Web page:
Northwestel scales back northern telecommunications plan
Company says it will still deliver modernized services it originally promised
Northwestel has revised its five-year-plan for upgrading telecommunications across the North.
The company is proposing to invest $233 million — $40 million less than it had proposed in an earlier plan.
But Northwestel says the modernized services it promised last year can still be delivered.
Northwestel president Paul Flaherty says many of the promised upgrades have already been installed in larger centres.
"We have the latest generation of cell service LTE available here in Whitehorse today, we have a 50 megabit per second internet service here today. So by and large, a community like Whitehorse is very, very comparable to what exists elsewhere," said Flaherty.
"In some of the smaller communities, particularly if you talk about calling features, there still remain 26 communities out of 96 in the North that don't have those, and the challenge has always been in the North to make that economic. This plan does include those."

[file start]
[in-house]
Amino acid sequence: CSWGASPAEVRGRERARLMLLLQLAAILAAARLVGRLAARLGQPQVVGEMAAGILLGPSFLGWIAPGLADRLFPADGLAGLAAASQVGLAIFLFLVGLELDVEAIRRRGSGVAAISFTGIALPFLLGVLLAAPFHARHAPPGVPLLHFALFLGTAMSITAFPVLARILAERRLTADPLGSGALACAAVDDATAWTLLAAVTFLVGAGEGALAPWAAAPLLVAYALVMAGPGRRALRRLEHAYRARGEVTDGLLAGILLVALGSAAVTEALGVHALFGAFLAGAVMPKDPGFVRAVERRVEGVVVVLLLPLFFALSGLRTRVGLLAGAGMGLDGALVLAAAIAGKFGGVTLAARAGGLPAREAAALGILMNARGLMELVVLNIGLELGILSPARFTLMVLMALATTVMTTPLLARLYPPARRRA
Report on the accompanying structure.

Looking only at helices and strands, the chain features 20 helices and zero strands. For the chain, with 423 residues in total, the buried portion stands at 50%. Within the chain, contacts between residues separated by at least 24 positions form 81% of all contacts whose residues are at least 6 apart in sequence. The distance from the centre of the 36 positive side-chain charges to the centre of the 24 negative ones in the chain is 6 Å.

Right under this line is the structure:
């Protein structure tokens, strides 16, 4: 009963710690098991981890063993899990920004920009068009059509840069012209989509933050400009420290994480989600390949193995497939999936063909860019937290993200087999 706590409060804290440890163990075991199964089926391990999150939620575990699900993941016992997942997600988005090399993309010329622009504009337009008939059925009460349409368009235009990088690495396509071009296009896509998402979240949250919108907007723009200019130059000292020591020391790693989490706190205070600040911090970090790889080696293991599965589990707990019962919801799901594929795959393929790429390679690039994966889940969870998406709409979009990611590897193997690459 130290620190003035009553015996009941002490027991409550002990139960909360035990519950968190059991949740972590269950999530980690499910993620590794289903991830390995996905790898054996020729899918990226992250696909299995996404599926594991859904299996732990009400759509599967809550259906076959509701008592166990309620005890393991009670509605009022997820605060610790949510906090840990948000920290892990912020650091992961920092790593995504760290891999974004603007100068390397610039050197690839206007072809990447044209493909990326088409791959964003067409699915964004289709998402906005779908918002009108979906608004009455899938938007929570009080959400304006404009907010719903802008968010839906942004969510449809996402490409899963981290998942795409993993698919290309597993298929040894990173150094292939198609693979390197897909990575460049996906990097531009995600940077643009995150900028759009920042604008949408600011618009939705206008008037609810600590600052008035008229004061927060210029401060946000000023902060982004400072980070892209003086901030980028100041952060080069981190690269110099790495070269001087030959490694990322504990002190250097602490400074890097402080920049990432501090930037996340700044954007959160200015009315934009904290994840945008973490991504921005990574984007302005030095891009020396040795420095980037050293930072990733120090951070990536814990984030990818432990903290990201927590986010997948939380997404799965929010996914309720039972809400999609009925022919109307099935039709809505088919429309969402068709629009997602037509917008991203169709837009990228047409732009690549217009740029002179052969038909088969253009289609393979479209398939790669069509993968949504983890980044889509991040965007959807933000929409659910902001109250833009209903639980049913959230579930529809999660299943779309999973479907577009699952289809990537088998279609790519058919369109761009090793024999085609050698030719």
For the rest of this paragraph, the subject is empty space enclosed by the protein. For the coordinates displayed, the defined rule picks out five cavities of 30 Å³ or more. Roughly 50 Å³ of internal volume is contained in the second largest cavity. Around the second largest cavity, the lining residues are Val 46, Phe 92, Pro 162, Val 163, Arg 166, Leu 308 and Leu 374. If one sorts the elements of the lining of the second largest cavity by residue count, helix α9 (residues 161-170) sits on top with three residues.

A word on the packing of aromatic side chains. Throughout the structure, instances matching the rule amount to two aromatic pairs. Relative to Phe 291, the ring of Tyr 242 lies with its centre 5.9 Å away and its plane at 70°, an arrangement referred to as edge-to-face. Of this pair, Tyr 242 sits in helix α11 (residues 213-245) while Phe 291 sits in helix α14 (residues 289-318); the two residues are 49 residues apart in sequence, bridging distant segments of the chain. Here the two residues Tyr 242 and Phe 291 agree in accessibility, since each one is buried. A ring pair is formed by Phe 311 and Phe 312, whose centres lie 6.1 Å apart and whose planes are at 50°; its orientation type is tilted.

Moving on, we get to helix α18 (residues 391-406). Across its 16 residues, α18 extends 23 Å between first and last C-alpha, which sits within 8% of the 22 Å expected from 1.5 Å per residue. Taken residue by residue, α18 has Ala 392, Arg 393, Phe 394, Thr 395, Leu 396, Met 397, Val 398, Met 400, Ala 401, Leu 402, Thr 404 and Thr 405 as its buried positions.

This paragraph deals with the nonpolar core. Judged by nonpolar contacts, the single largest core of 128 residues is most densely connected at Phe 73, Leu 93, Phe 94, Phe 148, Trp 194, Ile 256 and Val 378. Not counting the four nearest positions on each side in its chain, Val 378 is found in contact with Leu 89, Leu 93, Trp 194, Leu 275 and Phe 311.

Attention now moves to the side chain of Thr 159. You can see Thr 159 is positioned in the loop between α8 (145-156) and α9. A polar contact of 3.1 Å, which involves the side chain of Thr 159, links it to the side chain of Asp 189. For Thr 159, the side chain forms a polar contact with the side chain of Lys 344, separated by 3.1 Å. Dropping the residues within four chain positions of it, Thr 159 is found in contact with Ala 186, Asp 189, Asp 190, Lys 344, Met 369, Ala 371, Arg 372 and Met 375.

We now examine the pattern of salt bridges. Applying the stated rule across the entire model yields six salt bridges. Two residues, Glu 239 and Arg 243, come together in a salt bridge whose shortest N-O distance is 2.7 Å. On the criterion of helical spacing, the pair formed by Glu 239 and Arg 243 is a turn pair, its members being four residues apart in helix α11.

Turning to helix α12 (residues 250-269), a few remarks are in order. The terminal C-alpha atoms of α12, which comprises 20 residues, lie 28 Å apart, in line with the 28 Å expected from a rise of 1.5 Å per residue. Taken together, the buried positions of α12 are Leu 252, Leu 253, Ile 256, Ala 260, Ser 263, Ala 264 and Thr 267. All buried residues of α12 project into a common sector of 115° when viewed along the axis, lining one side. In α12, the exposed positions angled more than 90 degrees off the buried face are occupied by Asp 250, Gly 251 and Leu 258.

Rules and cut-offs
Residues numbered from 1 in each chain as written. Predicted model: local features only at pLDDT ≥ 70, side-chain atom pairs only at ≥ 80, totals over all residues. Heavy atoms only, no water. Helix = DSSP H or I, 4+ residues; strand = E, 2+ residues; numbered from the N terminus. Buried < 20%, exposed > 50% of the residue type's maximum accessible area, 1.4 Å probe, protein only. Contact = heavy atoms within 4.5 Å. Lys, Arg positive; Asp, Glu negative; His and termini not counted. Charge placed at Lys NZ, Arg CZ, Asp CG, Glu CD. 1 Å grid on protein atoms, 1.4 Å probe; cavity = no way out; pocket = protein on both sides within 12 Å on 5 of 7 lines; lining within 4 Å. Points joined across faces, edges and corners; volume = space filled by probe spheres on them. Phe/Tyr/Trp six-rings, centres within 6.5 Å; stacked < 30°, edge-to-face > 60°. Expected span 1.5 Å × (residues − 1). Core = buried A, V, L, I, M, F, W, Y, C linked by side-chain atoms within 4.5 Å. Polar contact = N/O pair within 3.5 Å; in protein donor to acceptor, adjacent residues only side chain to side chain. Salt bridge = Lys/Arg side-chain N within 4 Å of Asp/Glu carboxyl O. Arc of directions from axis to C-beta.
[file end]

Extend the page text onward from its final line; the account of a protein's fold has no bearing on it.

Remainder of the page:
Flaherty is promising internet speeds at least twice as fast as they are now.
He says wireless services for the latest smartphones and tablets will also be available in virtually every northern community.
Northwestel was forced to revise its plan after regulators at the CRTC rejected a proposal from its parent company, Bell Canada.
The latest plan was submitted to the Canadian Radio-television and Telecommunications Commission this week.